21-year-old woman undergoes India’s first uterus transplant
In what is still a very rare procedure around the world, and the first such to be performed in the country, doctors at a hospital in Pune have performed the first uterus transplant on a 21-year-old woman.
The young woman who suffers from congenital absence of the uterus since birth, which rendered her incapable of conceiving, was operated on to transplant her 44-year-old mother's organ to her, in a procedure conducted on Thursday.
According to the team of doctors, both the mother and daughter were in good health following the procedure but the complete success of the surgery will only be possible to be determined if the organ functions normally and the recipient is able to conceive.
Dr Shailesh Puntambekar, who performed the surgery along with a team of 11 other doctors reportedly said, "The surgery has been successful. The condition of the recipient and donor is stable. Another 48 hours will be crucial in determining the outcome of the surgery."
The surgery was performed at the Pune's Galaxy Care Laparoscopy Institute (GCLI) and began at half past noon and lasted around nine hours. According to the doctors, they retrieved the donor's uterus by using minimally invasive (laparoscopic) surgery, which helped reduce the duration of the procedure by nearly three hours from the normal 12 hours.
If the procedure is a complete success, the patient would be able to conceive through in-vitro fertilisation (IVF) and deliver through a caesarian section. But will have to continue to take immuno-suppressant drugs for the rest of her life to prevent her body from rejecting the uterus.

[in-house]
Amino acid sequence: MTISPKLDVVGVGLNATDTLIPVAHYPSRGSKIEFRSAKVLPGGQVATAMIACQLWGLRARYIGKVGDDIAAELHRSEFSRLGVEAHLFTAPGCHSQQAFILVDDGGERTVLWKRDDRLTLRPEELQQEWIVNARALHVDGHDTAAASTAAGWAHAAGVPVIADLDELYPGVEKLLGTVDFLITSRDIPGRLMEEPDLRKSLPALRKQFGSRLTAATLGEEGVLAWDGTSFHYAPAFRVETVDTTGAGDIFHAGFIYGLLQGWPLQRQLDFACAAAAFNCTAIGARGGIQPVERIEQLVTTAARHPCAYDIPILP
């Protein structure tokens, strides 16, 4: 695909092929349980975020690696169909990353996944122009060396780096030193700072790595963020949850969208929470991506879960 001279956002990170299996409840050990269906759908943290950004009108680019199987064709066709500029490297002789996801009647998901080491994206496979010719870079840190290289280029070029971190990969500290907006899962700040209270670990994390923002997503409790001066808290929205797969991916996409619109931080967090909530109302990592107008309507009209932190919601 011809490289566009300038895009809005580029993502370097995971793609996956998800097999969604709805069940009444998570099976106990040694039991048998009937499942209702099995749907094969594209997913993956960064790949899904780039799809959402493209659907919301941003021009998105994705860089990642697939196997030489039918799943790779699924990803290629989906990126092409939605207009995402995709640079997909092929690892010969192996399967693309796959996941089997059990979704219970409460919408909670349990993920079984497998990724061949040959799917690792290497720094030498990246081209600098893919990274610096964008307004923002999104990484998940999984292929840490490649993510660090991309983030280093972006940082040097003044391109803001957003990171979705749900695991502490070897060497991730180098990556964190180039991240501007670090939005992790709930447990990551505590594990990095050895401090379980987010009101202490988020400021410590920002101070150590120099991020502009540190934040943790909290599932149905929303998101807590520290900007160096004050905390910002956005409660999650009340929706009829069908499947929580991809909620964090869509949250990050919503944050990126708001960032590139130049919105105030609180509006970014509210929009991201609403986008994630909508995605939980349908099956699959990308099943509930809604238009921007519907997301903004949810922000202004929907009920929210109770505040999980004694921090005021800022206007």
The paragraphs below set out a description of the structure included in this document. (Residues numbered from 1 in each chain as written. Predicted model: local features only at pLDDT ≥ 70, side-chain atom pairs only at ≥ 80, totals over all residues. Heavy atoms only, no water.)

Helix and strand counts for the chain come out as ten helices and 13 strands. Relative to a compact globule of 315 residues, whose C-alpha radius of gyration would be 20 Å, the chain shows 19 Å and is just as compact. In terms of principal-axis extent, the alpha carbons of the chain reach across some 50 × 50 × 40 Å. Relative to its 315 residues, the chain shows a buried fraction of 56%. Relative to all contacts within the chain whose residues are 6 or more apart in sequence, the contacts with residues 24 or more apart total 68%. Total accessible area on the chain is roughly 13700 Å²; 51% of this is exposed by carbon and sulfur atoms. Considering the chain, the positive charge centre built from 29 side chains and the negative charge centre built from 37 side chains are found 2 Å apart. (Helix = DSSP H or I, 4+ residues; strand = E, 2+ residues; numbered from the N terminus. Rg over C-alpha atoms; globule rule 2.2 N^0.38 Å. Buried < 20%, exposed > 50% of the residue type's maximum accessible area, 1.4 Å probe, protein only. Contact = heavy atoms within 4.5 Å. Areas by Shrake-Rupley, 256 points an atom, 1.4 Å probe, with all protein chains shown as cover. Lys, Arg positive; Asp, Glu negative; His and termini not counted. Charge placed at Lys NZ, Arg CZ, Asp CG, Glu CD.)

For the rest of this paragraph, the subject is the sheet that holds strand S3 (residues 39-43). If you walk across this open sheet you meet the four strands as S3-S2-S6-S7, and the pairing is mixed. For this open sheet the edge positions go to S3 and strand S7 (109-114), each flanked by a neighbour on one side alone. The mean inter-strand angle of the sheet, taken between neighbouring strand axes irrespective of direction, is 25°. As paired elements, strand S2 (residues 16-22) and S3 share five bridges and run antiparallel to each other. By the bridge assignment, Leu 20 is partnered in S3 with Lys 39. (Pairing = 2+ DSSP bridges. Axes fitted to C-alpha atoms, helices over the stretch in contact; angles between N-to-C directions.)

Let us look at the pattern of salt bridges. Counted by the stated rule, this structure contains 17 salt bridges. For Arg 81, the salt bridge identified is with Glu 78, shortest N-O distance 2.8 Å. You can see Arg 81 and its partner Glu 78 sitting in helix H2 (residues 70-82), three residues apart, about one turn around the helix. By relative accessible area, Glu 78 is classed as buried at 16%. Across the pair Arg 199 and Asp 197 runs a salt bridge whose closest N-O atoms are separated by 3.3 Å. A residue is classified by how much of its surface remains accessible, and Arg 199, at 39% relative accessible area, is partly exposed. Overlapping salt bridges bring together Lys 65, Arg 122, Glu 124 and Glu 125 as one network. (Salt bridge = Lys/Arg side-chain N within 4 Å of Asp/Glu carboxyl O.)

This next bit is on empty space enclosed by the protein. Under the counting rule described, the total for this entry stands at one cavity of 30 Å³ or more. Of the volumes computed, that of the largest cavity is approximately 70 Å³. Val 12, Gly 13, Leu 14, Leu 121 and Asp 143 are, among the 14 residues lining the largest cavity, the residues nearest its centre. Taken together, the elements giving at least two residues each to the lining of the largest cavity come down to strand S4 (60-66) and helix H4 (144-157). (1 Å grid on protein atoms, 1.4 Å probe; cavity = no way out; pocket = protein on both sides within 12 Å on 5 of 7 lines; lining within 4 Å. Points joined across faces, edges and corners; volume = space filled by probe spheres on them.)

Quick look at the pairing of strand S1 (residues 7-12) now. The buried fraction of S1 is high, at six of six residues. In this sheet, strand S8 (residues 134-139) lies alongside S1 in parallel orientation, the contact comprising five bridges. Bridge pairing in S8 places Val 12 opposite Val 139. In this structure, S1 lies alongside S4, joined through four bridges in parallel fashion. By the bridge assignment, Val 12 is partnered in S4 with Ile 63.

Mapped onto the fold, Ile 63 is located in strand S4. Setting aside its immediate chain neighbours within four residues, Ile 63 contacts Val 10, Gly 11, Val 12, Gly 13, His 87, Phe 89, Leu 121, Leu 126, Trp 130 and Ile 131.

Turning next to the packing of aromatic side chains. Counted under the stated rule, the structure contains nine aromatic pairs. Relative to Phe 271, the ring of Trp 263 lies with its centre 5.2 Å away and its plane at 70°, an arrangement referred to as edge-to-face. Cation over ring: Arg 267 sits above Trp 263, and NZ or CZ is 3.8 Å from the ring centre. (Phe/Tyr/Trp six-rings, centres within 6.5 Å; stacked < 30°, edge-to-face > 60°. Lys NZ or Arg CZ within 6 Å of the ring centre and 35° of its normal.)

Dr Puntambekar reportedly said, "The success of the transplant can be assessed after a month when the recipient will undergo sonography and other tests to ensure the fitted uterus is functioning properly or not."
The first such procedure was performed in Sweden in 2012 and the patient gave birth to the world's first baby from a transplanted uterus in 2014, and was conducted by Dr Mats Brännström, who had reportedly criticised the Indian procedure for its lack of proper preparation and for the risk that it would put both donor and receiver at. He reportedly added, "What is planned in Pune is a dangerous escapade of surgical cowboys wanting to be the first in their country and to get publicity and fame easy."
On the risks of such a surgery, he pointed at the recipient's death following a similar procedure conducted two months ago in China by the country's top laparoscopy surgeon.
According to Dr Puntambekar, his team had travelled to Sweden to learn the transplant procedure and practised on human cadavers in Germany and the US. But Dr Brännström reportedly said that his own team had practised on various live animals for 15 years before taking their first human case, which has been totally ignored by the Indian doctors. "That is the great difference. We advise all groups around the world to choose one large animal for team and surgery training," he reportedly added.